2

We've had unusually dry weather and our well has run so low that we had to call in a water hauling company to refill it a few days ago.

The water man told me that even though he dumped in ~ 1000 gallons, a great part of it will seep out of the well to the surrounding (drier) aquifer, the same way groundwater makes its way inside the well in normal conditions.

I'm thinking I could get some kind of drinking-water-safe plastic poly sheet sown or welded together at the seam to create a long and flexible tubing.

Then dropping the "sleeve" in the well with a heavy-ish "hoola-hoop"-shaped material the diameter of the well attached at the bottom of the sleeve end to weigh it down.

Wouldn't that effectively transform the well into a usable water reservoir?

Does this sound doable?

2
  • See the meta discussion for more details about our product recommendation policy.
    – BMitch
    Jun 23, 2015 at 20:24
  • 1
    What is the diameter and depth of your well now? What type of pump does it have (submersible, jet, non-jet surface mounted)
    – Ecnerwal
    Jun 25, 2015 at 13:43

2 Answers 2

2

Your aphorism of the day: Theory and Practice are the same in Theory, but Different in Practice.

As a practical matter it's going to be near-impossible to fabricate, install, and install a pump or suction pipe into a plastic-sheet-tube without poking a hole in the plastic. If you manage to succeed, you've disabled your well - if no water can get out, no water can come in.

Generally, if you need a cistern, you'll do better to put in a cistern than to try and use a well as a cistern. 275 and 330 gallon food grade plastic pallet tanks are widely available for one quick/temporary solution, a stock watering tank with a fabricated cover is another that's widely available. If it's a long-term need, buried concrete tanks are the standard for large volume storage. If using the translucent plastic tanks, cover them to block light so you don't start growing algae.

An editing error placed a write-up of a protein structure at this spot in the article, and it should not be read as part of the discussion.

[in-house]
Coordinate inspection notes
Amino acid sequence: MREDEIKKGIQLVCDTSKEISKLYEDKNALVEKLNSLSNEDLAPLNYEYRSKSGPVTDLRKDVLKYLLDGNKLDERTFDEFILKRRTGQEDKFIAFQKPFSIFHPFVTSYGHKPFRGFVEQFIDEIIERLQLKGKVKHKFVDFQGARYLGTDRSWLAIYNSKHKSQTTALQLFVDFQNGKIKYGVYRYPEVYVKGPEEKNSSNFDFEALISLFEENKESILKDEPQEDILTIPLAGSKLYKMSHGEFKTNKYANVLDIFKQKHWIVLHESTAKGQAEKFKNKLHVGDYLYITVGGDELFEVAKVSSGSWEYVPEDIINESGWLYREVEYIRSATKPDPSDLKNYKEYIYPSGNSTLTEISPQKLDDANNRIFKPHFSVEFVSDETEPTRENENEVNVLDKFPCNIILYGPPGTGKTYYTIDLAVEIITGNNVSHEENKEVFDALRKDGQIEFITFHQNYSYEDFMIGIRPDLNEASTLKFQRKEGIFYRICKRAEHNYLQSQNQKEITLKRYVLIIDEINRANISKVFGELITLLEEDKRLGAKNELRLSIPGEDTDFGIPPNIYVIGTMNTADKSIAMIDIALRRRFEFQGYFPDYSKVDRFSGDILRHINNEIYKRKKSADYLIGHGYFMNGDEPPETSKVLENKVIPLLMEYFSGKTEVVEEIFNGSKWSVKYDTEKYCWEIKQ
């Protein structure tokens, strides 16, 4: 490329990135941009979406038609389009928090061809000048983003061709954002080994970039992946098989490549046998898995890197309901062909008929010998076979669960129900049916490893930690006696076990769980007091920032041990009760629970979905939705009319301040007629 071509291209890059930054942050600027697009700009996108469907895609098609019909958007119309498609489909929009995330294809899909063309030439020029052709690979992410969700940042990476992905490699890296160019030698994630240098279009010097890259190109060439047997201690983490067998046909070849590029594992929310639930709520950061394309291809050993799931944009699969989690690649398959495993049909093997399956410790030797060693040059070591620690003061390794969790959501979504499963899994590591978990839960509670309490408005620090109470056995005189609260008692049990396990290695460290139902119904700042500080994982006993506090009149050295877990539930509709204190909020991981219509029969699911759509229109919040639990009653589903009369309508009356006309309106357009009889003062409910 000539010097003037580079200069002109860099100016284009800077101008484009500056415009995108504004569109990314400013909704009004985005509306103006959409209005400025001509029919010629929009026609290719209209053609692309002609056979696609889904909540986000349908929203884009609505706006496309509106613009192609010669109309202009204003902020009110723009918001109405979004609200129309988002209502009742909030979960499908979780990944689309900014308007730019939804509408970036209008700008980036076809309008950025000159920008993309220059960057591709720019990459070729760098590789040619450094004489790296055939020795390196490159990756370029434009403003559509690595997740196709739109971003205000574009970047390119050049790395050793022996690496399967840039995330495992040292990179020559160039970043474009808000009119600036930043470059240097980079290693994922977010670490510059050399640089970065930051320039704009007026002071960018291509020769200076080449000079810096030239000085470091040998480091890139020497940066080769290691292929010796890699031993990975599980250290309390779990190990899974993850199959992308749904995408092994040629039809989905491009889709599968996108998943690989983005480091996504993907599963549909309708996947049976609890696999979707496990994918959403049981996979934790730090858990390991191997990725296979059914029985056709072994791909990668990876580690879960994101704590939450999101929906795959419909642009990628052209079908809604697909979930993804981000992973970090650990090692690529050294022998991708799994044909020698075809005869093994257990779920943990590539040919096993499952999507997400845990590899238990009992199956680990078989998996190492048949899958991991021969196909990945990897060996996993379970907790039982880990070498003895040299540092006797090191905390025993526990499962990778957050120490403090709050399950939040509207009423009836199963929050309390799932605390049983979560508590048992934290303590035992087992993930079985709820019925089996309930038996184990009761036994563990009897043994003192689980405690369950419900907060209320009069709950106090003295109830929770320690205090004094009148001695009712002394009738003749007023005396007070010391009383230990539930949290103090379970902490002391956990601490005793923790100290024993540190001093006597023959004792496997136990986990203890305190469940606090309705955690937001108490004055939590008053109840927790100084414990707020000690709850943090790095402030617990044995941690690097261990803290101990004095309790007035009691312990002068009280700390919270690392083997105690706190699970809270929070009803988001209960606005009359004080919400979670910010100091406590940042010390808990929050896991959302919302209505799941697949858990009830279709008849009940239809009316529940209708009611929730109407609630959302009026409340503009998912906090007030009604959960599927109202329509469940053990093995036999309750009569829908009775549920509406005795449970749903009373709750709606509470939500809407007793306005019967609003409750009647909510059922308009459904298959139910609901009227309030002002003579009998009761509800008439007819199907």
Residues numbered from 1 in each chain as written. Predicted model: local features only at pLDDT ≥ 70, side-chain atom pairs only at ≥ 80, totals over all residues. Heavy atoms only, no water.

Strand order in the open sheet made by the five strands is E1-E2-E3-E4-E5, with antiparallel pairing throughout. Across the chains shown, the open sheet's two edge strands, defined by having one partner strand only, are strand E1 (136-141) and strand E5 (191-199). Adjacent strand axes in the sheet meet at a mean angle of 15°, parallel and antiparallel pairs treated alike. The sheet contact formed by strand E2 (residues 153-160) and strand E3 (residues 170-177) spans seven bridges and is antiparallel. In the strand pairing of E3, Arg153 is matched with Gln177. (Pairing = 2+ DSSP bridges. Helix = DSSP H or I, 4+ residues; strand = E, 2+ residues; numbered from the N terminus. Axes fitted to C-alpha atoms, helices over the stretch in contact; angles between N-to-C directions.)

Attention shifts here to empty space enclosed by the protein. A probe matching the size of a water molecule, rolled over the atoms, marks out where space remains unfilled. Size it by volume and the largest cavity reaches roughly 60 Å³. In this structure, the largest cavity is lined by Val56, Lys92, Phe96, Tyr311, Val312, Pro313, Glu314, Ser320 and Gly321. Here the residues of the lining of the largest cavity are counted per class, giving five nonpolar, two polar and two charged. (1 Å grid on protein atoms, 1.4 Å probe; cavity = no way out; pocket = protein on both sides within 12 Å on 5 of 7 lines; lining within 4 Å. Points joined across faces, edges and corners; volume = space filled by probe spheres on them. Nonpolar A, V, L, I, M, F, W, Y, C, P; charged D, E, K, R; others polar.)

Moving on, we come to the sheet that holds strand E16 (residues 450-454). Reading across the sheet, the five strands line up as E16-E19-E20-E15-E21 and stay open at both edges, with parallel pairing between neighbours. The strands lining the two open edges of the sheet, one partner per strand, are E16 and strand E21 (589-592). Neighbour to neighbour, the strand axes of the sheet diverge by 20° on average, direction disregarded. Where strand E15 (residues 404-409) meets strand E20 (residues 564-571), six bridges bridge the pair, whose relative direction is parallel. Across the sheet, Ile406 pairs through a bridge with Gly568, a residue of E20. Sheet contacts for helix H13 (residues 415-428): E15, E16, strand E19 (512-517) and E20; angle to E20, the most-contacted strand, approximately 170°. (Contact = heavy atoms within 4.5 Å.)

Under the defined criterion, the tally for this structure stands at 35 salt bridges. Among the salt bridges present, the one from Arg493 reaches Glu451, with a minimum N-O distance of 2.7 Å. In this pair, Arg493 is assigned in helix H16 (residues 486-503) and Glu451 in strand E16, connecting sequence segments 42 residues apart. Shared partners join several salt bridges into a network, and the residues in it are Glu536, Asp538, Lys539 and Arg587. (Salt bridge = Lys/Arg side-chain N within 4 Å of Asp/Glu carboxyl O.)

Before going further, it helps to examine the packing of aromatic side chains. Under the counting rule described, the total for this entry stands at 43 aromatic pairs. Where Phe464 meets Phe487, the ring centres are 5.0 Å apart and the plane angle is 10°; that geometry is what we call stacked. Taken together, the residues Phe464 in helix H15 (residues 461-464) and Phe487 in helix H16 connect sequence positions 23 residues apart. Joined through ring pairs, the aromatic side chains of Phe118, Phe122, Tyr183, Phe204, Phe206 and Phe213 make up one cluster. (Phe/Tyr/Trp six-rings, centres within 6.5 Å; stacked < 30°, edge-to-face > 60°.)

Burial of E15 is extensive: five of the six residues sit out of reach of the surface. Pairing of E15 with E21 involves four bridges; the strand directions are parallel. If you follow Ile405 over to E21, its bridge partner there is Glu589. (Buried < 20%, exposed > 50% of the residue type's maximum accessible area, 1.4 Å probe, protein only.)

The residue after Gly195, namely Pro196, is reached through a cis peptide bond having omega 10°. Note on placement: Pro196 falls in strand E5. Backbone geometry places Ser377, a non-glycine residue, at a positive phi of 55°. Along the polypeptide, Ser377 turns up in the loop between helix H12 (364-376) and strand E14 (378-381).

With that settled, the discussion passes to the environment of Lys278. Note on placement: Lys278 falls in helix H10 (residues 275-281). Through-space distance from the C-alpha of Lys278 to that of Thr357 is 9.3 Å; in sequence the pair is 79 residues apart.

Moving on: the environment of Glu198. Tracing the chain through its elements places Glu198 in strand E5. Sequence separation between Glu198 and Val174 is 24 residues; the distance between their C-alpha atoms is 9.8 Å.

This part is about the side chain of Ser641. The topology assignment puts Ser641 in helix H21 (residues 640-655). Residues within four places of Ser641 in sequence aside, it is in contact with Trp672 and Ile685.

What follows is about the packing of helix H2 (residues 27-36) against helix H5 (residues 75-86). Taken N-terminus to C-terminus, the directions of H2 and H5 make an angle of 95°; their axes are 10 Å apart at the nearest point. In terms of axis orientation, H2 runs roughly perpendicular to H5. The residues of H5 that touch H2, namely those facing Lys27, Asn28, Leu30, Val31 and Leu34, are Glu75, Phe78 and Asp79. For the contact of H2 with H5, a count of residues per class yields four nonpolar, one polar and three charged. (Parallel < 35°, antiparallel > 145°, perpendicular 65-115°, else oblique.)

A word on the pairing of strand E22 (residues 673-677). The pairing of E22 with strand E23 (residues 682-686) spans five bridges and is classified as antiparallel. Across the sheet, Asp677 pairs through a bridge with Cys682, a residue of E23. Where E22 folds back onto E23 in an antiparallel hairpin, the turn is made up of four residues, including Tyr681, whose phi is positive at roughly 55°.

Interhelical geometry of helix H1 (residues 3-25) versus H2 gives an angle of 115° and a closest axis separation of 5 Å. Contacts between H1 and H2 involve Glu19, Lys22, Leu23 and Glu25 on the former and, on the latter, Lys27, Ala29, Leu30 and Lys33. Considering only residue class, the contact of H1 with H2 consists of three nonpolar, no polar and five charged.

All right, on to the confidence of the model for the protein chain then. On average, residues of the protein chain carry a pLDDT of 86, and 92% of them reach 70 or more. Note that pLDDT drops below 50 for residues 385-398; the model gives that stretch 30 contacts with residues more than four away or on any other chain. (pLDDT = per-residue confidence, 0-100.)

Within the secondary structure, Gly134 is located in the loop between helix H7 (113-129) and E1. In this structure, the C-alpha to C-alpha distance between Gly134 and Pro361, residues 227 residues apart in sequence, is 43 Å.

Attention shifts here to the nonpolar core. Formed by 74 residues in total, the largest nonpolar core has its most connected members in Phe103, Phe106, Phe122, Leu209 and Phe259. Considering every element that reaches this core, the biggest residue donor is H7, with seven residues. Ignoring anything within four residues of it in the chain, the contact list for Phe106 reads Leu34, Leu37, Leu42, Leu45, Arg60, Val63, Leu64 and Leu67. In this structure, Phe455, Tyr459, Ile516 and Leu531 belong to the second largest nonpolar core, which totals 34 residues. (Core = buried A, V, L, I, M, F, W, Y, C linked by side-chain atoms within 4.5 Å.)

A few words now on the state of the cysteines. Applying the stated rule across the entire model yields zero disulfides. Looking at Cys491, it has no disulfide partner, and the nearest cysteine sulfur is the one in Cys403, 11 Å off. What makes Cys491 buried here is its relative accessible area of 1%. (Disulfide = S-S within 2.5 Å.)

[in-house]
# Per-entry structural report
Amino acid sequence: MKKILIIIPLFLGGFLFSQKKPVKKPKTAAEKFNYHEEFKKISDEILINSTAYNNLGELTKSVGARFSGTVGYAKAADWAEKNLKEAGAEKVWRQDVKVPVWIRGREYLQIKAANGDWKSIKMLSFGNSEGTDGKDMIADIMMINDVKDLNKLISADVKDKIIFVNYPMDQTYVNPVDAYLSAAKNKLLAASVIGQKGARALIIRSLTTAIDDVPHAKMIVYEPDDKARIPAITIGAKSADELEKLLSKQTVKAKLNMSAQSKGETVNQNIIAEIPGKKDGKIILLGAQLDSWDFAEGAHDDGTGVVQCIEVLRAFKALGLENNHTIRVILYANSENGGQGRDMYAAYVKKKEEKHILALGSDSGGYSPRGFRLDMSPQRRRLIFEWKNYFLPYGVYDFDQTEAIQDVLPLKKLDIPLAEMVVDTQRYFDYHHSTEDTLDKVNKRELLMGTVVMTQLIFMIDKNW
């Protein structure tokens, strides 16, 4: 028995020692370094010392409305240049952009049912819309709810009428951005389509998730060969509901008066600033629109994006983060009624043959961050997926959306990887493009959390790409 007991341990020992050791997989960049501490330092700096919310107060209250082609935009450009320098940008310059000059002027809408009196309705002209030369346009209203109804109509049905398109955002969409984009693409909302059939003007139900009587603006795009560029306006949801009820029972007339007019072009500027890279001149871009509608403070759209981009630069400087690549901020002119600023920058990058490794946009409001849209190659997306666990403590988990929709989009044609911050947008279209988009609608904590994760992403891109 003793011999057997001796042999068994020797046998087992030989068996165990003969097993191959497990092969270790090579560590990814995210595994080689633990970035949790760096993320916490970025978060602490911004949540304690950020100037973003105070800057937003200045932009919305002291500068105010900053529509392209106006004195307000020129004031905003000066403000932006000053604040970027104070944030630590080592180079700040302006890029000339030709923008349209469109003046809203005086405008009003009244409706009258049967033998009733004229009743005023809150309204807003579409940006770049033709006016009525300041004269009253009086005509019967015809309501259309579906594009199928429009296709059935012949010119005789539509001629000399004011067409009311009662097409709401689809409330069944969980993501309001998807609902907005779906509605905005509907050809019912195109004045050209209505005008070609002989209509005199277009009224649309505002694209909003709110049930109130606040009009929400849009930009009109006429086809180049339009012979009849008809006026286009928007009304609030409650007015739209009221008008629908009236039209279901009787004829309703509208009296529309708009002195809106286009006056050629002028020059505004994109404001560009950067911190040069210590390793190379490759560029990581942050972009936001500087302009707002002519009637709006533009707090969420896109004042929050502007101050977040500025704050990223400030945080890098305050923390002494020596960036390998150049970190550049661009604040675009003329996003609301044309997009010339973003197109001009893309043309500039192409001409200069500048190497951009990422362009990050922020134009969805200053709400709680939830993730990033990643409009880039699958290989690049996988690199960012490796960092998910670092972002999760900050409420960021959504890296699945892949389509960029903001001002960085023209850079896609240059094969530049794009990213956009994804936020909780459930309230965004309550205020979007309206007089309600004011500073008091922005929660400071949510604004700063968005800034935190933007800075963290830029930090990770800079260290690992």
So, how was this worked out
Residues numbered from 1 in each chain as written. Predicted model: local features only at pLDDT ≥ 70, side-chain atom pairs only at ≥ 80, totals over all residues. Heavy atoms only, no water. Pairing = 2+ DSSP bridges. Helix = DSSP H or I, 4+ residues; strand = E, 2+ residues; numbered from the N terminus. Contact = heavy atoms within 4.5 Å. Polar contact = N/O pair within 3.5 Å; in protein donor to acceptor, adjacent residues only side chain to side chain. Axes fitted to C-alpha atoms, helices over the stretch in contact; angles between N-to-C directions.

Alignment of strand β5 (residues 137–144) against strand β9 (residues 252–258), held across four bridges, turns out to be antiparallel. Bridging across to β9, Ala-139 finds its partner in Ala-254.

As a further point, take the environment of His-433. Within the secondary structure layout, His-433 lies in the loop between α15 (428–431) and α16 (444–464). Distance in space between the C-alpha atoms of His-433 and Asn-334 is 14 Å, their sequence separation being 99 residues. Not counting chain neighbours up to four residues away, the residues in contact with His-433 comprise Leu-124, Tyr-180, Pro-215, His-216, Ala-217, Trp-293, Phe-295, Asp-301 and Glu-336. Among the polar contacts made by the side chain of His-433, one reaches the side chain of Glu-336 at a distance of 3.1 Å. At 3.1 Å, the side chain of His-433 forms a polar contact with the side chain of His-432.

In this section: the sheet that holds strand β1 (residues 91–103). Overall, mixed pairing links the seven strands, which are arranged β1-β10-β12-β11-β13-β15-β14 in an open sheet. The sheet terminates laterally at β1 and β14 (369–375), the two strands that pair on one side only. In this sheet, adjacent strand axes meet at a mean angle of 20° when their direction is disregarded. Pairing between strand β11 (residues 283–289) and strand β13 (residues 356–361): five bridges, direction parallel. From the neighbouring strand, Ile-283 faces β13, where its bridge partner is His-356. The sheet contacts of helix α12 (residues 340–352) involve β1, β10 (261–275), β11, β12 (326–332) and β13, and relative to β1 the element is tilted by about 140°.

Drilling your well deeper is probably the better solution. Alternatively, if you put in a cistern for delivered water, and you have some water in the bottom of the well, adding a small, slow pump to pump from the well into the cistern is another workable approach. While your main well pump presumably sucks the well dry when it's low, a much slower pump can extract a constant trickle of water and place it into your cistern/storage, from which you can pump to the house at higher speed when you need water.

1

Your proposed situation is not practical. You should look into solutions which will allow you to warehouse large amounts of potable water.

A large bladder tank would also be a good idea because it will be able to deliver constant water pressure and it could fill up slowly throughout the day.

The way a bladder tank works is that there is a rubber membrane inside of the tank which takes pressure to expand. Well water is then pumped into one side and there is a check valve which prevents the water from going backwards in the system. Then when there is a demand for water, the membrane pushes it out at a specified pressure.

Your Answer

By clicking “Post Your Answer”, you agree to our terms of service, privacy policy and cookie policy

Not the answer you're looking for? Browse other questions tagged or ask your own question.